What Should Counties Do With Confiscated Weed?

If you’ve ever wondered what local authorities do with all the weed they seize, you’re not alone. That very question came up in Yolo County last year and it’s now leading to fairly serious discussions about ways the county could benefit from all its impounded cannabis.

Supervisor Matt Rexroad appears to be the first person to have raised the question directly -- and out loud.

“Why don’t we sell (cannabis) for millions of dollars?” he asked.

Rexroad has a point. Selling the confiscated bud to pay for enforcement seems, at first glance, to be a far better idea that destroying it, as the county currently does. But any attempt to sell the marijuana to raise revenue would run into more than a few ethical, legal, and logistical problems.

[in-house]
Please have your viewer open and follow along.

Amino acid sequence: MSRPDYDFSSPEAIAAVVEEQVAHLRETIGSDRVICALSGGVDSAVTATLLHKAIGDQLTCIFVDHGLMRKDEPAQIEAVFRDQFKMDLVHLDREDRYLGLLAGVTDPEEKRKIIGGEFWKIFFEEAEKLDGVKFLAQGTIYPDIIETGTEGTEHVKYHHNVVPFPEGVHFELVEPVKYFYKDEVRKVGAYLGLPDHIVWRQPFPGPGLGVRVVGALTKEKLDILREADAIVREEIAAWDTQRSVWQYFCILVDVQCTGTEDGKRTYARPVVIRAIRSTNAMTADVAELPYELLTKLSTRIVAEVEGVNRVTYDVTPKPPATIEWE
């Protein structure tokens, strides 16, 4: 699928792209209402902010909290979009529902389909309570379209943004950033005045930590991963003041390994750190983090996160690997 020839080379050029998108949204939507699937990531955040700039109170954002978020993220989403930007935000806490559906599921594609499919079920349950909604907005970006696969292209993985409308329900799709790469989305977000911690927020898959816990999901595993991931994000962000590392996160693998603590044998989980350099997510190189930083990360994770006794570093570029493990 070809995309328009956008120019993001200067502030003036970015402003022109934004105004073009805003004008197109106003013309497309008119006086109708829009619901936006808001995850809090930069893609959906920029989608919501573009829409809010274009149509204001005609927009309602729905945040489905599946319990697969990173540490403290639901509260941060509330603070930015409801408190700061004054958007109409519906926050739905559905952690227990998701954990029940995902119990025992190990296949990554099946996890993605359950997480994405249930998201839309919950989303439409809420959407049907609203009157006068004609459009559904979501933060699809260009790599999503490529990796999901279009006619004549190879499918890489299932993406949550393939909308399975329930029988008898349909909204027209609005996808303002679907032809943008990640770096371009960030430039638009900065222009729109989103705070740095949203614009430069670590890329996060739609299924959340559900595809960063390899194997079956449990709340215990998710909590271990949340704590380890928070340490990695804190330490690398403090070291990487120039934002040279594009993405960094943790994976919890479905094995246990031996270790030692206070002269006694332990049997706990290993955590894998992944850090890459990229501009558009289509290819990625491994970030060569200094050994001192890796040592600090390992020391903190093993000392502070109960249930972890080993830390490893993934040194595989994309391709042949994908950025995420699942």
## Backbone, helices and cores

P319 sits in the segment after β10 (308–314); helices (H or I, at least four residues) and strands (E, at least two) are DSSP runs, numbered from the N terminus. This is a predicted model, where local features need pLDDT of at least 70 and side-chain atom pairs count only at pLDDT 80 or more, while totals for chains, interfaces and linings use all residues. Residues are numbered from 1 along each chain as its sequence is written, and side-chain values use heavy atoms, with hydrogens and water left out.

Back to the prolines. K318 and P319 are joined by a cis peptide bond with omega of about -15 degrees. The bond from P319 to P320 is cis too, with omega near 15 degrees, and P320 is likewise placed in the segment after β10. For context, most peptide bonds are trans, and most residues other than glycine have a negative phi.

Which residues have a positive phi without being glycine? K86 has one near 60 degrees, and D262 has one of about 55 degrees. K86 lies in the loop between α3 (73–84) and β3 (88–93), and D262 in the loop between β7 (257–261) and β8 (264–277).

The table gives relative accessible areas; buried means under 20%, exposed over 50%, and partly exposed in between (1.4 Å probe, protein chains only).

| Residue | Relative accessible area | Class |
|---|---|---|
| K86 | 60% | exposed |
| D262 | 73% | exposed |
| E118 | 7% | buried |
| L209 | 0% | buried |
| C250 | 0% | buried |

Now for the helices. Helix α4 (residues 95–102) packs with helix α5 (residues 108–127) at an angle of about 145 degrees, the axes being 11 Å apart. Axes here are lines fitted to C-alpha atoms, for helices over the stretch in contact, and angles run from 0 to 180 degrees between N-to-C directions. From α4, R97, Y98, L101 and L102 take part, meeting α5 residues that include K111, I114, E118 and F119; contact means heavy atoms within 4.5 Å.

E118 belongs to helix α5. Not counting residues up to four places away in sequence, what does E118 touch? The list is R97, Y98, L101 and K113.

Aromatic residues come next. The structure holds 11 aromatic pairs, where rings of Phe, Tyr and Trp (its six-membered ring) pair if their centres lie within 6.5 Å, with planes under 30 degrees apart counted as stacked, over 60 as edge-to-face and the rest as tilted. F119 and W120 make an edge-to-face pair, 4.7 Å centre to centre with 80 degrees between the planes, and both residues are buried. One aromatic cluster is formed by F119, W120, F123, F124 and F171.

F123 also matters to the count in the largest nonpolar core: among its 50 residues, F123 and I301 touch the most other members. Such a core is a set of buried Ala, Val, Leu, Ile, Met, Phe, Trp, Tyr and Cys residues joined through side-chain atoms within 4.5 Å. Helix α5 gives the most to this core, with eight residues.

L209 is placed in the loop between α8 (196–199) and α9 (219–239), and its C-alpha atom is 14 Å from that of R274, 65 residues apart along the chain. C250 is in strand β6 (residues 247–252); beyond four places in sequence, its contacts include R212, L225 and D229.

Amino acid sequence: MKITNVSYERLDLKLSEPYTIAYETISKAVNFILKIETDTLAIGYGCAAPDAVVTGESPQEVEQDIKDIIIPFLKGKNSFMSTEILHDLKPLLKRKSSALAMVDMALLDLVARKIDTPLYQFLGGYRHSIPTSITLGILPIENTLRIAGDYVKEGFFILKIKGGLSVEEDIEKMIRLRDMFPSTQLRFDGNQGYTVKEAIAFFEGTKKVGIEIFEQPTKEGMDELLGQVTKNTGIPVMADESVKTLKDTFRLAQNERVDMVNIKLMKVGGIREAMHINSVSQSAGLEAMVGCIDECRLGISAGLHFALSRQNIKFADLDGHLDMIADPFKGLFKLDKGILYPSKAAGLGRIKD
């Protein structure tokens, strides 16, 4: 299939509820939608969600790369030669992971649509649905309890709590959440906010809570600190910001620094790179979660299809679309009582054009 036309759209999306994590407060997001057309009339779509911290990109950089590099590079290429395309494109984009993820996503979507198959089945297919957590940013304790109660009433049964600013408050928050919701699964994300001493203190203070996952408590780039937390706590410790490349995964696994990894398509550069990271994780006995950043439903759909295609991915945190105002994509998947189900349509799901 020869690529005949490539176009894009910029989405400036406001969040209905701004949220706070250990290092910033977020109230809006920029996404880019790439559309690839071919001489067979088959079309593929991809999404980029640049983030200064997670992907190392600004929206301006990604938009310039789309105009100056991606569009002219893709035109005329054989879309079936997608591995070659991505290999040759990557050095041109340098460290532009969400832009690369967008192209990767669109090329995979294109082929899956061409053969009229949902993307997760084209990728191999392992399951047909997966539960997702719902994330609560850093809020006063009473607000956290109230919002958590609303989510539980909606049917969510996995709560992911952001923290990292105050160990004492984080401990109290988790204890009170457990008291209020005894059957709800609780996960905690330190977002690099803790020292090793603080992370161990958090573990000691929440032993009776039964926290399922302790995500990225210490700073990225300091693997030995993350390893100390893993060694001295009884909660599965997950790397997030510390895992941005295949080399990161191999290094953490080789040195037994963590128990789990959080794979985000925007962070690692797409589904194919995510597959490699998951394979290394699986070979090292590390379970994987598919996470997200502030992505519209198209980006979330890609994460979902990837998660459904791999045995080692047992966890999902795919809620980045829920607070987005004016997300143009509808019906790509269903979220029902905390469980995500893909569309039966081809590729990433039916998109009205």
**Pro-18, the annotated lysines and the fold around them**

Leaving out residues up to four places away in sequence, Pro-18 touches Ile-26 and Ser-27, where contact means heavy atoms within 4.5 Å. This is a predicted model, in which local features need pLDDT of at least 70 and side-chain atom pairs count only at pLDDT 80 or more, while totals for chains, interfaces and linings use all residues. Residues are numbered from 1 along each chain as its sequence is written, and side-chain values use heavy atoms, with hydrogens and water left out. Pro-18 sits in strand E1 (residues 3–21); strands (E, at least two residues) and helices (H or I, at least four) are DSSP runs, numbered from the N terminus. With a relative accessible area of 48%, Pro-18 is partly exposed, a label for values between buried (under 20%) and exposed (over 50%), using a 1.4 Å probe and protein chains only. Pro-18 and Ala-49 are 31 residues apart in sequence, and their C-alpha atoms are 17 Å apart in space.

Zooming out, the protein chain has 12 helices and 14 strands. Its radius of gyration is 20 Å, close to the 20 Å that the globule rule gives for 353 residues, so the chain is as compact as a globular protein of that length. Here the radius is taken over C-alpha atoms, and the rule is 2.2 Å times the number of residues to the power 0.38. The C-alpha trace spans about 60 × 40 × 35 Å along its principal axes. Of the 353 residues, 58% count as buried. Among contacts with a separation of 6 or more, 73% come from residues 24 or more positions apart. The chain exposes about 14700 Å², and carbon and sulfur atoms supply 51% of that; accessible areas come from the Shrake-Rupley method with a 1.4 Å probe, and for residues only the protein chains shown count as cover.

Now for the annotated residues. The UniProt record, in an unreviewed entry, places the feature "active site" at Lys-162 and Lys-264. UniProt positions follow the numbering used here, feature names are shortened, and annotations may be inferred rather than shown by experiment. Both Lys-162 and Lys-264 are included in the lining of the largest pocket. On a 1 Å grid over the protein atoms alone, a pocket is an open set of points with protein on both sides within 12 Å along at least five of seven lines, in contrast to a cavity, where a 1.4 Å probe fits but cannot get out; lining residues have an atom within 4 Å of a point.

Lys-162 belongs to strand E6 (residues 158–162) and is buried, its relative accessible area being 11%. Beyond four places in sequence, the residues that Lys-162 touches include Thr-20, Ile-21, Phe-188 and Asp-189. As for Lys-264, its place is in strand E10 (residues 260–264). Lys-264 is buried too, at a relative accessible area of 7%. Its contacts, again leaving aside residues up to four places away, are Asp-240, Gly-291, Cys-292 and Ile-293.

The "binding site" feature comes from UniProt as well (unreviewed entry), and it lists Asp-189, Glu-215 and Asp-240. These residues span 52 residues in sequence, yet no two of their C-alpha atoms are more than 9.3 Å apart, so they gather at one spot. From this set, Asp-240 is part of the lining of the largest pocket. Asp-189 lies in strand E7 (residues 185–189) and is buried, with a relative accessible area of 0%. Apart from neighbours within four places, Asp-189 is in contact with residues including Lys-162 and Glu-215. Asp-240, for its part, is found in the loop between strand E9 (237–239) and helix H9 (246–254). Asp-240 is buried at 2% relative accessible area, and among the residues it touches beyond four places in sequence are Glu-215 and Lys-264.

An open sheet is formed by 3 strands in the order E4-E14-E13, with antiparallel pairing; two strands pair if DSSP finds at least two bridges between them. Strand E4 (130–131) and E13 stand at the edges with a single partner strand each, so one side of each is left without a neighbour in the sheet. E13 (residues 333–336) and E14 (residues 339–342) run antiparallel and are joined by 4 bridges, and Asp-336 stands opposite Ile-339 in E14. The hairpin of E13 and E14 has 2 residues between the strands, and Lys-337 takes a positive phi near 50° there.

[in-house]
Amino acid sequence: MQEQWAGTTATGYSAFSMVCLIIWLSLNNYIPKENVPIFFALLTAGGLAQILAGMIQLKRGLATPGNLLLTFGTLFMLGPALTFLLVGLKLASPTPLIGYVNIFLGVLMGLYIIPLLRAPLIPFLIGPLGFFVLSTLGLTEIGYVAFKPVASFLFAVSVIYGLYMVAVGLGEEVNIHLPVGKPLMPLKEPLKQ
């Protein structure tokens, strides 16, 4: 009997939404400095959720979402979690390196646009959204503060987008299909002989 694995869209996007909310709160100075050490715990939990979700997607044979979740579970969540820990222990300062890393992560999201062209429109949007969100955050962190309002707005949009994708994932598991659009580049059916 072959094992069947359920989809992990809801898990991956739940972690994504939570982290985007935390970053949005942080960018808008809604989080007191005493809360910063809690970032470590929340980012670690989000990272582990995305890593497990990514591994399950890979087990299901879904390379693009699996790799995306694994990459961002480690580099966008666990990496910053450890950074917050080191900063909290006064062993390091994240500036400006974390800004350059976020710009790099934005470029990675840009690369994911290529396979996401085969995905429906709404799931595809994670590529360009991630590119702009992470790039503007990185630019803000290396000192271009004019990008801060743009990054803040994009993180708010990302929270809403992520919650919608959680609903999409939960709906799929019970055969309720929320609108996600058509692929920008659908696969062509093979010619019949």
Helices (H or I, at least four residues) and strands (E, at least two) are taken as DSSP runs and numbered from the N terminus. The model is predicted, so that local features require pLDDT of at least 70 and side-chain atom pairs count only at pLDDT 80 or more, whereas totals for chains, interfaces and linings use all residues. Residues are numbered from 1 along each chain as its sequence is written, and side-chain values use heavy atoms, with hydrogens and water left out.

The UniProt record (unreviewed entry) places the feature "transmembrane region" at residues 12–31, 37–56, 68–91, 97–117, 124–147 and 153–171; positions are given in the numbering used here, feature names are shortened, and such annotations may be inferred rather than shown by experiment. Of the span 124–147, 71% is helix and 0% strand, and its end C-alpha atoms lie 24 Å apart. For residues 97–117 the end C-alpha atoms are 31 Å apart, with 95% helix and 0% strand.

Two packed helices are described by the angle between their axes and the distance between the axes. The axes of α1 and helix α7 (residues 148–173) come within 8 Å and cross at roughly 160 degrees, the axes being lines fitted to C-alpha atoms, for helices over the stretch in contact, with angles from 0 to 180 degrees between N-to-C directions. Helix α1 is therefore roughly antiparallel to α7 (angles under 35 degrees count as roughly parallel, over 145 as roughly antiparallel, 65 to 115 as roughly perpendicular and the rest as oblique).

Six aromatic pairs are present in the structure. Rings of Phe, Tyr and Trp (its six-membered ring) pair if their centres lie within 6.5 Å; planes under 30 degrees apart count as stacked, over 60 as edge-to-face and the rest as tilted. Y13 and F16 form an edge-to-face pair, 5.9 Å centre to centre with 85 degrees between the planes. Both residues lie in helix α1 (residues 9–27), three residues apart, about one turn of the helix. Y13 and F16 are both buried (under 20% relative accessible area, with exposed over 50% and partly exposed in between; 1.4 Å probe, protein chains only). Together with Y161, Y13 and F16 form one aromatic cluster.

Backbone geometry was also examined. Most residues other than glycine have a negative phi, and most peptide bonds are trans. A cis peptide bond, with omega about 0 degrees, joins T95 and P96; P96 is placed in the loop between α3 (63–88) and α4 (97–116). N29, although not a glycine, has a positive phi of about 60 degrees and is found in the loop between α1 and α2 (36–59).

First, a government entity would be participating in an illegal act under federal law. Secondly, it would run into serious ethical questions similar to those that already surround the practice of asset forfeiture. And thirdly, the county could be seen as introducing unfair competition into the legal marketplace.

Unsatisfied with the idea of burning $15 million in cannabis, supervisors are still brainstorming ideas. They’ve made no official moves yet.